This week I forced the reluctant children to close their bloody computers and go for a swim. They complained bitterly. "You are the worst mum ever!" But of course once they were in the pool they turned into prunes and didn't want to get out. Me: "C'mon, time to go." Again: "You are the worst mum ever!" My point: all transitions are hard. Even good ones.
I'm trying to help the children to be able to expand their psyches to embrace change. But I'm a fraud, because I too find it extremely challenging. All change is some kind of loss. Or is it all loss is just change? Tomato, tomahtoe. Whatever you want to call your existential crisis, it seems we are continually saying goodbye to something.
This year – what with "the predator advent calendar" set off by Harvey Weinstein - we have started having some difficult but necessary conversations – about consent, sex, power. But there is still one brave thing that we don't talk much about: the ultimate transition, death.
I wonder if that might be changing. A bill legalising voluntary euthanasia passed its first hurdle this week after Parliament voted 76 to 44 to send it to a select committee. It is important. Parliament has twice voted down bills to legalise euthanasia. This despite broad public support: in 2015 a 3 News/Reid Research poll showed 71 per cent of people wanted the law on euthanasia changed. Has this not happened before now because we still find it too uncomfortable to talk about death?
I know Christmas is supposed to be about joy and tinsel, but it is also a wistful, melancholy sort of time, when it is hard not to think about people you have lost and fractures and grief. Even the sunny weather seems to make me feel a bit counter-intuitively gothic. (Oops, somehow I doubt this column is going to be promo-d on the front page with a breezy headline).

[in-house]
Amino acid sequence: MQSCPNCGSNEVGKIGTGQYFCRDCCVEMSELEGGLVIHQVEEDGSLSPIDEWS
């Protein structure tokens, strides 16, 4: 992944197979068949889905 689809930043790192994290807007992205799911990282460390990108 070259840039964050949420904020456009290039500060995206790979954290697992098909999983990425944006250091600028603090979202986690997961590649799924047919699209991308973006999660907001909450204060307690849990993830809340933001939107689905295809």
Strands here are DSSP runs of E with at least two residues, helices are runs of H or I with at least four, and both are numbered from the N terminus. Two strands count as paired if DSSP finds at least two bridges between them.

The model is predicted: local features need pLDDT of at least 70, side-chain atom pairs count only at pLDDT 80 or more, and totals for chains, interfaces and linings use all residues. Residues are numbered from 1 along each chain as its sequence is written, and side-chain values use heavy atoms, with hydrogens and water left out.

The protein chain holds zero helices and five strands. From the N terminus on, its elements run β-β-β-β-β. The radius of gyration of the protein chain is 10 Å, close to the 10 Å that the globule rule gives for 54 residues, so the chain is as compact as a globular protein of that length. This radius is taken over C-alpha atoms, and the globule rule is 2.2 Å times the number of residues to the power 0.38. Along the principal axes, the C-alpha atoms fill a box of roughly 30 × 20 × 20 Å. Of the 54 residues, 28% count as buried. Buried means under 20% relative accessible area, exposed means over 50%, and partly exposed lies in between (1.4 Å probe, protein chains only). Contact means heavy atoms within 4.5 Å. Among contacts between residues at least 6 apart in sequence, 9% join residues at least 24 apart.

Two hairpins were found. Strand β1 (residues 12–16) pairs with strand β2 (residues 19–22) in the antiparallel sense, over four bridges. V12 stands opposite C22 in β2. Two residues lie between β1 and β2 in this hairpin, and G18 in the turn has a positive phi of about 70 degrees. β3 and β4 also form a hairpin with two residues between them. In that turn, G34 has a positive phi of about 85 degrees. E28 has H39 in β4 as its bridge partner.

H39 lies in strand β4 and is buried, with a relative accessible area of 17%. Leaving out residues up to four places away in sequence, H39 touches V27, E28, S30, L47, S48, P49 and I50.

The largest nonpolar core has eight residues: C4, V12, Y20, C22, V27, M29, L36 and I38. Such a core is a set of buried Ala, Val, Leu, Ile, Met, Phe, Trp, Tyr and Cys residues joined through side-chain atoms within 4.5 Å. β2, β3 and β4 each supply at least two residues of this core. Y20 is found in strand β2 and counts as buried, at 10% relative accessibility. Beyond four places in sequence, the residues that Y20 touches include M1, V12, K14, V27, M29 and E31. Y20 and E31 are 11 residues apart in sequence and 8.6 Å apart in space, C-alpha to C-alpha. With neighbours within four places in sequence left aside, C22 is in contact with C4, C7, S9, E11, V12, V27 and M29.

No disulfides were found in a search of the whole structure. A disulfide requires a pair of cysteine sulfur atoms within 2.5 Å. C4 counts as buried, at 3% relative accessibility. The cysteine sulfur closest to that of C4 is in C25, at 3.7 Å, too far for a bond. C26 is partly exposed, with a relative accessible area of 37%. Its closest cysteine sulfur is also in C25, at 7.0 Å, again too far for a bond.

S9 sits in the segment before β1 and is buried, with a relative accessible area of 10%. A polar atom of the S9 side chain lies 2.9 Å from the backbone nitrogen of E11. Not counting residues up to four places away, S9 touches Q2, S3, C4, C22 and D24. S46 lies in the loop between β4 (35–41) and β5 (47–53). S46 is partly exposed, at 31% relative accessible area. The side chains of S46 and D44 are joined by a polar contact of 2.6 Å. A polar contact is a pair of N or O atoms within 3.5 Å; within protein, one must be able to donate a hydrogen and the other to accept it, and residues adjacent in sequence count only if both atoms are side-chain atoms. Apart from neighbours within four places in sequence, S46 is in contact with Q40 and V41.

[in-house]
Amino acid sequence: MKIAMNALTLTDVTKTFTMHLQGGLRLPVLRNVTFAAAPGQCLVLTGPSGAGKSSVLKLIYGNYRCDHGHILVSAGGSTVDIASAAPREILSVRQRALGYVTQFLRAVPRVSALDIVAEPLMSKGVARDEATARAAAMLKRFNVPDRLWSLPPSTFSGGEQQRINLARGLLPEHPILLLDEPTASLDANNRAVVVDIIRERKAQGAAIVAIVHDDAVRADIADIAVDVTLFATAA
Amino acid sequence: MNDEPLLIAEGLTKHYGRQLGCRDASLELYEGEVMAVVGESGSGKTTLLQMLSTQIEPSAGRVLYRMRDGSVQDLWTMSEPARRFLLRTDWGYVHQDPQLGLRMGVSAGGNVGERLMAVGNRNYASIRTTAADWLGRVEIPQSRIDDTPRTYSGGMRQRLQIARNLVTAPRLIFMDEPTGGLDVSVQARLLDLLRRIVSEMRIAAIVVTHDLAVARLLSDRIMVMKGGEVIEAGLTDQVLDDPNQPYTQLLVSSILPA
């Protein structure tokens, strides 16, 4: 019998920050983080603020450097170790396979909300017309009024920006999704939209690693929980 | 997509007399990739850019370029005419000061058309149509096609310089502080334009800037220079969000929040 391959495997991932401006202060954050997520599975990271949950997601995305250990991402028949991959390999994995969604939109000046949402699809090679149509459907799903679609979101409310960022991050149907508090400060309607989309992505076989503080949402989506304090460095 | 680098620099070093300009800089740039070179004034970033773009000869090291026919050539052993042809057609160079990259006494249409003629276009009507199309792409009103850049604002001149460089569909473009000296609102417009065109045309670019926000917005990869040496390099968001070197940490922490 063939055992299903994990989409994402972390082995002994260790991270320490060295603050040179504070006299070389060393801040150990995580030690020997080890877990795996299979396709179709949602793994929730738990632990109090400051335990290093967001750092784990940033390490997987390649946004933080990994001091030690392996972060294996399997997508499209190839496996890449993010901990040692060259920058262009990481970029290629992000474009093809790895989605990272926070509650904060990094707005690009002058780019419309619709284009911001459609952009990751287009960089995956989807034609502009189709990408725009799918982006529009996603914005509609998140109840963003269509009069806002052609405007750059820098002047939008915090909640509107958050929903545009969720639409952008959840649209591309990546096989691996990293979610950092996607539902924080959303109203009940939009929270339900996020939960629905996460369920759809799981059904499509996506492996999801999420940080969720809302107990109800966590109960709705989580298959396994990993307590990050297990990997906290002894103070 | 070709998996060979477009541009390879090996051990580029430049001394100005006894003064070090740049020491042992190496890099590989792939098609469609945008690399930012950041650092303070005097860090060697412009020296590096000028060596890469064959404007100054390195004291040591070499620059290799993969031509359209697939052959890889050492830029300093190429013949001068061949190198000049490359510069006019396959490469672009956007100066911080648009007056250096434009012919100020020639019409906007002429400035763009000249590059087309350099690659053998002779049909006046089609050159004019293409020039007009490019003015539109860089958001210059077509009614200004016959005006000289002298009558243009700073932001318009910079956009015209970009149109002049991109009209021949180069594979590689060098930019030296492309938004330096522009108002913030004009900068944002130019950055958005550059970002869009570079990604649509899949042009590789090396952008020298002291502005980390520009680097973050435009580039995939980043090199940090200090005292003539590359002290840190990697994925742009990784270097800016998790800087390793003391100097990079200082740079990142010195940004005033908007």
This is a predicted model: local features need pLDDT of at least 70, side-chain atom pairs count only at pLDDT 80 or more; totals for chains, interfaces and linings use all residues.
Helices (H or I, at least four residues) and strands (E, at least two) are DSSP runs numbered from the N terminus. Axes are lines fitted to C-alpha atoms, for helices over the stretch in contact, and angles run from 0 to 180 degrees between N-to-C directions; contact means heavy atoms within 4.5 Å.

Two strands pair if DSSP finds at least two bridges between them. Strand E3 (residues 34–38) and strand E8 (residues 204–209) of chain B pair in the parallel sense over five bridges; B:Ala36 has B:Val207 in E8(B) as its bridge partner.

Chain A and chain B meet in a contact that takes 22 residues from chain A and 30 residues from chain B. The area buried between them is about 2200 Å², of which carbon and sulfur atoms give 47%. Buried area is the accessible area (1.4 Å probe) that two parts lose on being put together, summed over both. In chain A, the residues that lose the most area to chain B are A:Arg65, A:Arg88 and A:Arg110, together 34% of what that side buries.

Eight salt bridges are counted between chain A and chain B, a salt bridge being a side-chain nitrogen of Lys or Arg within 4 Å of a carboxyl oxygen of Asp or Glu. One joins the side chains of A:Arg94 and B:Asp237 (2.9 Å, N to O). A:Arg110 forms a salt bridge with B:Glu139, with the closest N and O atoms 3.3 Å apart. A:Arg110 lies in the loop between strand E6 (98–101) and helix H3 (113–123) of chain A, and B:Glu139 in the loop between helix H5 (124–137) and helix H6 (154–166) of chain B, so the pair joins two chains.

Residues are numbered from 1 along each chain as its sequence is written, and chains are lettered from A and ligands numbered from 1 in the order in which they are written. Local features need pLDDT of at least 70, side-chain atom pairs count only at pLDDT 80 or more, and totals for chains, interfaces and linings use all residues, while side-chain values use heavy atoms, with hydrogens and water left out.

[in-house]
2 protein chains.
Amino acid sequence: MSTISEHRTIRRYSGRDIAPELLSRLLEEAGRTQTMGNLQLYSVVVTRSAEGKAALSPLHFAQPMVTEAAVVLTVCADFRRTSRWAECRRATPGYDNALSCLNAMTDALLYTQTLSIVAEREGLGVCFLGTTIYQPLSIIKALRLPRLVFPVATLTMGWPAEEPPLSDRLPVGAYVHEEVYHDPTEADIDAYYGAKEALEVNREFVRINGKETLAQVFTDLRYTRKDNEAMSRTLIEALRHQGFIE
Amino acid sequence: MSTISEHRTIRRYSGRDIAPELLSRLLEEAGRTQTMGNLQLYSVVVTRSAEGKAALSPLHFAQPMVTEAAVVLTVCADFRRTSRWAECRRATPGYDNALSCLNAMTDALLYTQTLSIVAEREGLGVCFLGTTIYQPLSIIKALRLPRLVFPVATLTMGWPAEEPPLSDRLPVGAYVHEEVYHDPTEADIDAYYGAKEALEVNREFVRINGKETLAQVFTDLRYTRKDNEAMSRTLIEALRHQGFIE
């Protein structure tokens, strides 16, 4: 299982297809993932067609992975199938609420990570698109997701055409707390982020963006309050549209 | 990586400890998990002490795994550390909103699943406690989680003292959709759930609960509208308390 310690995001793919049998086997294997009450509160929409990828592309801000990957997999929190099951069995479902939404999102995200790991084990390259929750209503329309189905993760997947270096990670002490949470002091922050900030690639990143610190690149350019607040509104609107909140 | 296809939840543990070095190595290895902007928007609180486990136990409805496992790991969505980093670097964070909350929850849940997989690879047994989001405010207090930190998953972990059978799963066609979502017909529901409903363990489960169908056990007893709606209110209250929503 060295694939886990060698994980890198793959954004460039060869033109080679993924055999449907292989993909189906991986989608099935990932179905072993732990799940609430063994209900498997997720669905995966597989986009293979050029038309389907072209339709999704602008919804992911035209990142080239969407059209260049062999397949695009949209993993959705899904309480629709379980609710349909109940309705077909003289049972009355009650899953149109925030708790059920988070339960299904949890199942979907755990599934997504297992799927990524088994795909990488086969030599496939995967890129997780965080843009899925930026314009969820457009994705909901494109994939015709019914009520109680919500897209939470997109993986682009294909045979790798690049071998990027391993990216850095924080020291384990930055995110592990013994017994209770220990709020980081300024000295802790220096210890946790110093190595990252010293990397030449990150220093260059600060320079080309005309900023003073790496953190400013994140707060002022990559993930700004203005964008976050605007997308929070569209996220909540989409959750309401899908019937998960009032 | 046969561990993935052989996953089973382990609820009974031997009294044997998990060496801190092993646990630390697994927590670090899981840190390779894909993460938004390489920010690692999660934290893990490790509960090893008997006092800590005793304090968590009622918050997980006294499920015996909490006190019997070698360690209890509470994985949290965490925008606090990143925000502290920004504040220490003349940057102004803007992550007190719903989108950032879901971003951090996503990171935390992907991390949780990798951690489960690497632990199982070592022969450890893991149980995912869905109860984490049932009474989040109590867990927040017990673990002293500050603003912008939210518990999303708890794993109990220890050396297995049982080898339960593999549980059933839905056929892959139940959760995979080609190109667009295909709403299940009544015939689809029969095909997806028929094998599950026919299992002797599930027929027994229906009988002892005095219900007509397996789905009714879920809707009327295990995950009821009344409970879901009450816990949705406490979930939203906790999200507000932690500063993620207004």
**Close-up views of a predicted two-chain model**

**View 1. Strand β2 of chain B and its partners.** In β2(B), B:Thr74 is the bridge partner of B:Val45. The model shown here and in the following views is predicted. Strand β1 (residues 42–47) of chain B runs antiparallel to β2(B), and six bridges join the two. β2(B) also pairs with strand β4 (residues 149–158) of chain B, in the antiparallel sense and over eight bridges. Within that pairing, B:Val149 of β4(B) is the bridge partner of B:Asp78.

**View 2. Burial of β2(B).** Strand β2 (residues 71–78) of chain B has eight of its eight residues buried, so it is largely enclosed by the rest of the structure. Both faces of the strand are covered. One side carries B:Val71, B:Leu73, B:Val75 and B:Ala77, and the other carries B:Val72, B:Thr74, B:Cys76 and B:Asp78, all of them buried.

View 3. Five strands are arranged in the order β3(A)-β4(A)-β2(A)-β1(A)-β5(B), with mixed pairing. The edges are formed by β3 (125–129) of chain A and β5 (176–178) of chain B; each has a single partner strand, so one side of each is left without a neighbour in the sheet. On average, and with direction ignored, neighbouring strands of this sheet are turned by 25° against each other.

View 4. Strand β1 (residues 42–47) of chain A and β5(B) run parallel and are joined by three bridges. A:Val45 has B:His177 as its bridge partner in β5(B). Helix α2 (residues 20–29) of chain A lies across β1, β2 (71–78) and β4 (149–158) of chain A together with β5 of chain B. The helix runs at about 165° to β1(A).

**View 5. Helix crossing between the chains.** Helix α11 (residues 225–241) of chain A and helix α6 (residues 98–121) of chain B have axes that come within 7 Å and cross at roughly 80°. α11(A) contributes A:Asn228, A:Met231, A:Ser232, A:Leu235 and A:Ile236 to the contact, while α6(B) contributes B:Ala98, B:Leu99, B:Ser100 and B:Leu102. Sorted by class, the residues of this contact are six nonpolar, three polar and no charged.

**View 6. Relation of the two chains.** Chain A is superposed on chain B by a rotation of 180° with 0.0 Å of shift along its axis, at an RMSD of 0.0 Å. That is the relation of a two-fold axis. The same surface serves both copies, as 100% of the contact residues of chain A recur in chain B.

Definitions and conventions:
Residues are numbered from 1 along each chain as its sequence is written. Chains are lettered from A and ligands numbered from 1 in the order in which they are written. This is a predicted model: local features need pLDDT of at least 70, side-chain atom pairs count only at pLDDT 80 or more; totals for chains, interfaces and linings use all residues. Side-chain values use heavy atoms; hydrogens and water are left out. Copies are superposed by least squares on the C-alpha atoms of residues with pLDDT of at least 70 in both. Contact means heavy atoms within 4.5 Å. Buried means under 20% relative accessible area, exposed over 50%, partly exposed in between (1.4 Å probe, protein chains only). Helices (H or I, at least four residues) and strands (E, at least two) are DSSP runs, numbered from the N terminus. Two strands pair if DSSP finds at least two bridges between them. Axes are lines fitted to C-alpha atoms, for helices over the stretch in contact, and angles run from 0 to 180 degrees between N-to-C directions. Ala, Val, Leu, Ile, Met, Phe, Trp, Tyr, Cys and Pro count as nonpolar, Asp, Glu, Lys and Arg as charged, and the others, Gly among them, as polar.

At Christmas I think about people who are lonely or disconnected, especially those who have families who misunderstand them, maybe a seasonal variation of what Martin Amis called "tramp dread".
And this year I still have the usual ennui but something has changed. It's not so terrifying: I've started to wonder whether it even has a sort of noble goodness. This is the first Yuletide season in years and years when I have not got all wobbly and had to go rushing to my psychiatrist for a prescription. I'm also hoping that this year I won't over-compensate for my usual lack of Christmas cheer by spending a whole lot of money on more broken-in-a-day crap that we don't need in a desperate attempt to purchase insta-jollity for the household.
It helps that I am not having any major crisis at the moment. It turns out being at peace is not the boring muesli-eating feathery-stroker Birkenstock-wearing consolation prize I'd thought it would be when I was hooked on racy glamour. It has an excitement of its own. There will be another bucket of shit along before too long, no doubt, but in the meantime you have to bask in these inconsequential, gentle moments when - woohoo - nothing really bad is happening. Trying to contain both, the light and the dark, together is our hero's journey.
The writer Elizabeth Gilbert quotes this poem by Jack Gilbert (no relation) : "We must have the stubbornness to accept our gladness in the ruthless furnace of the world." I like Gilbert's idea of striving to be the kind of person who tries to hold on to "stubborn gladness" even when getting scorched by life. Maybe this is the real consolation prize of getting older: a mature, sincere sort of quiet joy in the face of all life's horror.
"You weigh the sorrows against tiny moments of grace and decide on the balance it is still worth it to be a human being," as Gilbert concludes.
Maybe the more we can feel comfortable with death, the more we can take real, authentic delight in the small pleasures of being alive.
If not exactly "C'mon in, the water is fine", an acknowledgement that death is a natural transition we can face with curiosity and wonder. As Steve Jobs said in his last words "Oh wow. Oh wow. Oh wow." So, c'mon kids, do you feel like going for another swim? "No."